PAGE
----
In the UK, where recent government policy has been to do more or less the opposite of what Kimball proposes, Simon Wren-Lewis, of Oxford University, thinks, on grounds of utility, we still need to focus on the position of the rich:

“The fact that the ultra-rich have wealth that is truly astonishing may not be an accident, but may be a result of exactly the same principle that Miles explores: diminishing marginal utility. The rich are no different from everyone else in wanting more utility, except for them it requires huge amounts of money to get it.”

This matters, because unless government takes action to suppress it, these people will do their very best to raise their incomes significantly, even if it’s at the expense of others. Citing a paper by Piketty, Saez and Stantcheva, he argues that the principle helps explain the consequences of cutting the top rates of income tax.

with punitive tax rates, there was little incentive for CEOs or finance high-flyers to use their monopoly power to extract rent (take profits away) from their firms. It would only gain you a few thousands after tax, which as they were already well paid would not increase their utility very much. However once top tax rates were cut, it now became worthwhile for these individuals to put effort into rent extraction.

If this is correct, then we can’t simply focus on the poor, as Kimball argues, but also need to work hard to prevent the better- off from engaging in harmful activities in the pursuit of that elusive extra utility.

Chris Dillow, an economist and blogger, agrees with Wren-Lewis that it’s about more than just the position of the poor, or the rich, but argues that inequality is about the middle class too.

If the rich are getting richer and the poor are getting better off, then for a given level of income, somebody must be getting worse off. The “Blairite society” of super-rich but little poverty is one in which the middle class is relatively poor.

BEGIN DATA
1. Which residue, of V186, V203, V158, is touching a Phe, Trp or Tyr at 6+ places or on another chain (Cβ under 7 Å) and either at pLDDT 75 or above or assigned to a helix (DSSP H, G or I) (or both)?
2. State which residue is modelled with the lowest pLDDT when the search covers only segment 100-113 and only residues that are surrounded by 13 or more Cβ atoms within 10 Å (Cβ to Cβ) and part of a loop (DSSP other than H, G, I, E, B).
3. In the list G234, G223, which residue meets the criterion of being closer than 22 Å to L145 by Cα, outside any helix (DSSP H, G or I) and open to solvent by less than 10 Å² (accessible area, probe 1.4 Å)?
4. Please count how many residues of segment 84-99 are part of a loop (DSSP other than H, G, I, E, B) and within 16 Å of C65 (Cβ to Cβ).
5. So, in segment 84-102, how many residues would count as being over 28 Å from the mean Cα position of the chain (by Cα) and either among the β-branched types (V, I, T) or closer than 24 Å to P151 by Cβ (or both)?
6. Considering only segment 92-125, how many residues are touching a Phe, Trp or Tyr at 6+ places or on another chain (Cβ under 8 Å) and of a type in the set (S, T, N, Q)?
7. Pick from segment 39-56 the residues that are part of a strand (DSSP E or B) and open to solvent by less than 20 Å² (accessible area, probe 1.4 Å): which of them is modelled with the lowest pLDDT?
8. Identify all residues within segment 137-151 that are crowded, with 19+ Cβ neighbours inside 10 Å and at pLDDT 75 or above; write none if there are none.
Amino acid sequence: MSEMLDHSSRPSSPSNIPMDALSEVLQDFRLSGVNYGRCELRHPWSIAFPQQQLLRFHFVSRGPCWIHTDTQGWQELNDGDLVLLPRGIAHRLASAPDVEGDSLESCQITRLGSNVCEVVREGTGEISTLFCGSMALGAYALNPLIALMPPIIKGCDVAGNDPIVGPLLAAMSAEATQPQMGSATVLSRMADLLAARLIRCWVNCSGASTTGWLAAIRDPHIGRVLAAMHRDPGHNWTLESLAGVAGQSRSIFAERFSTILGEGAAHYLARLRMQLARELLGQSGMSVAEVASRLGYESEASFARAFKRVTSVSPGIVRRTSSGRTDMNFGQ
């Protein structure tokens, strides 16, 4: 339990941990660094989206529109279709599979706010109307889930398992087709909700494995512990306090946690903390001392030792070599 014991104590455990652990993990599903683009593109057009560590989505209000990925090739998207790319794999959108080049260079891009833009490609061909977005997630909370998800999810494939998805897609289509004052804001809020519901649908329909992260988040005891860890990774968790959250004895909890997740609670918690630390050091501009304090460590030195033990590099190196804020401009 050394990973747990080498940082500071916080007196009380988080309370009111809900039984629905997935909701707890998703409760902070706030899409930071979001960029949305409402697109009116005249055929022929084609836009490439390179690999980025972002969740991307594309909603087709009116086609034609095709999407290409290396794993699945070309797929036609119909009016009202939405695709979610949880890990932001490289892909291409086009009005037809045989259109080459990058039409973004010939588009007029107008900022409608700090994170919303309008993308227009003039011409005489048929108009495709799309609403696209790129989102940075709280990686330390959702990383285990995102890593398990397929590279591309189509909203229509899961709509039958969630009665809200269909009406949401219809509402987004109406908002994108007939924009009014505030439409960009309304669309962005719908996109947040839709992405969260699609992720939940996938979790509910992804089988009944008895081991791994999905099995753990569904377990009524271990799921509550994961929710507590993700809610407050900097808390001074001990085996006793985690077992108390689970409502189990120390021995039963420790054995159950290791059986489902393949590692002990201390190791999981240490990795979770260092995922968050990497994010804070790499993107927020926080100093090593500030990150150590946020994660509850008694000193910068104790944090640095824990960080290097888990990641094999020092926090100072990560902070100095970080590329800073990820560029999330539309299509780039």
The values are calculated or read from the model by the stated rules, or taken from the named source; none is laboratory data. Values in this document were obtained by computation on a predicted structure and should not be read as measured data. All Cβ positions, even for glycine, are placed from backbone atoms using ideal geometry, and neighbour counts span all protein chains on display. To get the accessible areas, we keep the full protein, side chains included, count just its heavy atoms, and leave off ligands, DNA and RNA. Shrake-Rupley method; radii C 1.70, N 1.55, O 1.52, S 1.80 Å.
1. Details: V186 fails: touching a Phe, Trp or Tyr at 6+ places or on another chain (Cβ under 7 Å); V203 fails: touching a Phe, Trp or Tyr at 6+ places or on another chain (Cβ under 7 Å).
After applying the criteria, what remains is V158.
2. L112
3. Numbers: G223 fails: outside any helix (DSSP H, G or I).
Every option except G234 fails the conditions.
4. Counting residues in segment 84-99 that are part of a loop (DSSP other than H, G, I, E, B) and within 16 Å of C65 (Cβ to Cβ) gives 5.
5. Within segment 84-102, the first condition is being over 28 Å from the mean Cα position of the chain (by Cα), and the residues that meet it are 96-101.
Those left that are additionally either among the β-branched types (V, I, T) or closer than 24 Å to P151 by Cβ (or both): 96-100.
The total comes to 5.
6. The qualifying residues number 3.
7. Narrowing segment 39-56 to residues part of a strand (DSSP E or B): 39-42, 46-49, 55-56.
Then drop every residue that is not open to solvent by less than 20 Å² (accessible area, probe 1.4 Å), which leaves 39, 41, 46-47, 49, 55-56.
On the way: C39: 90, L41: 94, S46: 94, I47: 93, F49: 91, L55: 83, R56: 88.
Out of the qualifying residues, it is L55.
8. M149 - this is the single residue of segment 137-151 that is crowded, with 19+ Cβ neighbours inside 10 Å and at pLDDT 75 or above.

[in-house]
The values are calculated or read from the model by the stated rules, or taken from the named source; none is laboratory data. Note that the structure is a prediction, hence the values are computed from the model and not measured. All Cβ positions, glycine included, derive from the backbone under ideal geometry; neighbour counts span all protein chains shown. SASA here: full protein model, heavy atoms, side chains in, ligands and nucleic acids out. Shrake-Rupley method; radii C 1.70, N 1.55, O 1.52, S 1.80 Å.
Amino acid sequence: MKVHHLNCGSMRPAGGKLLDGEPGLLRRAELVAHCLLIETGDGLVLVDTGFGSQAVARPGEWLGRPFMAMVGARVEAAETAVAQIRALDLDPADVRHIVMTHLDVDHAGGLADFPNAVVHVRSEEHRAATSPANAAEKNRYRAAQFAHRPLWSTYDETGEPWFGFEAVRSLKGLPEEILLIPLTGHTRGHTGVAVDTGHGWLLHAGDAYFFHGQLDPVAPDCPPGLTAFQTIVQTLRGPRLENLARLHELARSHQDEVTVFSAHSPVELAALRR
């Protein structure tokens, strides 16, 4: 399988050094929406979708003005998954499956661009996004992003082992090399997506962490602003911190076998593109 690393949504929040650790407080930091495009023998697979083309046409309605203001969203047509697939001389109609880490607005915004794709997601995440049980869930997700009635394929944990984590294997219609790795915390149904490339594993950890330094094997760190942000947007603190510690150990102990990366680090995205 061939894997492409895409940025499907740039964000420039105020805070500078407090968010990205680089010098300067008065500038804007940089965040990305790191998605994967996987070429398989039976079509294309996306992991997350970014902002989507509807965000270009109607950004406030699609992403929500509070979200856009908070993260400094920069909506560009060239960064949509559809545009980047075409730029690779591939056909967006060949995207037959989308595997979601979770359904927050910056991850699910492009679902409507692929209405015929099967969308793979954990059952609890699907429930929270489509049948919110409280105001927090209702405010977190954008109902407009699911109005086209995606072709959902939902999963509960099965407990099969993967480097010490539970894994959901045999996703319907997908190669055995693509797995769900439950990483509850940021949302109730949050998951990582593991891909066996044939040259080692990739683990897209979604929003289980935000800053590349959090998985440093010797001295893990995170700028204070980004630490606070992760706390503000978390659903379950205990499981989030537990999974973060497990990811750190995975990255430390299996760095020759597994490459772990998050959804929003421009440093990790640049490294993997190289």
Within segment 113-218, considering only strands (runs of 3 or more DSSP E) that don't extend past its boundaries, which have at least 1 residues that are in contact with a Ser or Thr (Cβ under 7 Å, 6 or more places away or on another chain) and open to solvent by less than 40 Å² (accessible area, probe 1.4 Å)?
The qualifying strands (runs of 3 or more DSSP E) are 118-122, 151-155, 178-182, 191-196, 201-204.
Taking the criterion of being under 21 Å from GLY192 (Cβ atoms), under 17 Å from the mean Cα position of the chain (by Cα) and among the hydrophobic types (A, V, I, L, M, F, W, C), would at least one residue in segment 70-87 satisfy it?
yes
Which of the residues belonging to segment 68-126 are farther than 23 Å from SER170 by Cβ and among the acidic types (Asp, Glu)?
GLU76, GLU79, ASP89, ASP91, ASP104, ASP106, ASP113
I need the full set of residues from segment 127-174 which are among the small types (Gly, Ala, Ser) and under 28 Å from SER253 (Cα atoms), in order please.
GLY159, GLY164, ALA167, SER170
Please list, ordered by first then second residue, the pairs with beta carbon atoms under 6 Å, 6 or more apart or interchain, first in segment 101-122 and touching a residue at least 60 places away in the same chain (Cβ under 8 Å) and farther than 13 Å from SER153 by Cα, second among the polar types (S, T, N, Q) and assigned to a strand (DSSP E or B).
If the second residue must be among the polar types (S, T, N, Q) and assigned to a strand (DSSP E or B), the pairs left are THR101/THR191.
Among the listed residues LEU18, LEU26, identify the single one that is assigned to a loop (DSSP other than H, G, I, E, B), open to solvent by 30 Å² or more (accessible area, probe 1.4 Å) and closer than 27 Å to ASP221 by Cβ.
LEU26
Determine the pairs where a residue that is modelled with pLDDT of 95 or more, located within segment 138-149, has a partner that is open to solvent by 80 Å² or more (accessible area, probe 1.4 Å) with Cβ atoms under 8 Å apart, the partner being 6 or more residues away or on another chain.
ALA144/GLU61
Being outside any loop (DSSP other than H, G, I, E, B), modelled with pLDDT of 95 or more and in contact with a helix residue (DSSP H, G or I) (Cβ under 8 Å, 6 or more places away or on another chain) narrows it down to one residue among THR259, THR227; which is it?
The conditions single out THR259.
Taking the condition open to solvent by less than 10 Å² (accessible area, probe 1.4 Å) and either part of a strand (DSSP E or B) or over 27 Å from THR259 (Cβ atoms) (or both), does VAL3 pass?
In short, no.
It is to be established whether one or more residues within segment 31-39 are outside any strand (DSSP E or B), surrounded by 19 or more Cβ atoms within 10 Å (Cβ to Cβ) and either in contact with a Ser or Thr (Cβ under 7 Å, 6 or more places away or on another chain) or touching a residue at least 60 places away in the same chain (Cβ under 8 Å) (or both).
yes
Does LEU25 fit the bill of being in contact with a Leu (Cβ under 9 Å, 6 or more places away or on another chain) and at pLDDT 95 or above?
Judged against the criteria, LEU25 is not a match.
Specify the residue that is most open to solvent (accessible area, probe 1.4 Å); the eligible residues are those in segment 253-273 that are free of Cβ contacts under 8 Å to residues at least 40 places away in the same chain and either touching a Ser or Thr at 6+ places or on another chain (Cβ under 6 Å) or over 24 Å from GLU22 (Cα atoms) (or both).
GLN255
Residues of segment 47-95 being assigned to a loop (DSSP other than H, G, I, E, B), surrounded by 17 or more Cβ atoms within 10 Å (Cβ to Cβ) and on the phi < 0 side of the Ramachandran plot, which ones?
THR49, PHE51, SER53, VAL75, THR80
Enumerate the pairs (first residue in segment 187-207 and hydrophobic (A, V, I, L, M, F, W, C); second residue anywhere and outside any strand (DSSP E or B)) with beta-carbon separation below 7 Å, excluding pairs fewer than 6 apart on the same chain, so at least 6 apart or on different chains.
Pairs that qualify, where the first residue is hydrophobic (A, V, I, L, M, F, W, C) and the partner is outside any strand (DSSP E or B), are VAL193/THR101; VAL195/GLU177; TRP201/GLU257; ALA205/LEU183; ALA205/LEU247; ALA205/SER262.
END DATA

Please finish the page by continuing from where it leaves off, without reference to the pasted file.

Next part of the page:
Dillow’s argument is that if the ‘poverty-first’ approach means we redistribute from the rich to the poor, the rich will probably still thrive, but the middle class will (relatively) suffer. He also argues that since governments focused primarily on the position of the poor, at least in the UK, growth in living standards has slowed down. For Dillow then, the aim shouldn’t be to eliminate poverty, but to eliminate both poverty and extreme incomes:

“Miles might be right that it’s better to have a society of super-rich and no poverty than one in which there’s poverty and no super-rich. But this is a close call. And it omits a third option – a society in which there is both no poverty and no super-rich. It is this that we should be striving for.”

In other words, contra-Kimball, we can’t just focus our efforts on helping the worst off and remain ‘relaxed’ about the growing incomes at the top – particularly if the economic model is no longer generating general growth in living standards. The existence of the rich and the poor are both, in that sense, economic failings.

The ‘poverty-first’ idea was based on the belief that capitalism could generate rising incomes for all. If it did, then indifference about inequality could perhaps be justified in the knowledge that over time the poor and middle-class would get better-off too. But with the growing realisation– in countries such as the UK and US at least – that capitalism might fail to deliver those rising incomes, its justification is on thinner ground that it has been for decades. If, as seems possible, growth and living standards continue to stagnate, the pressure for much greater government intervention to cut inequality will, with good reason, become irresistible.

Edited by Bill Emmott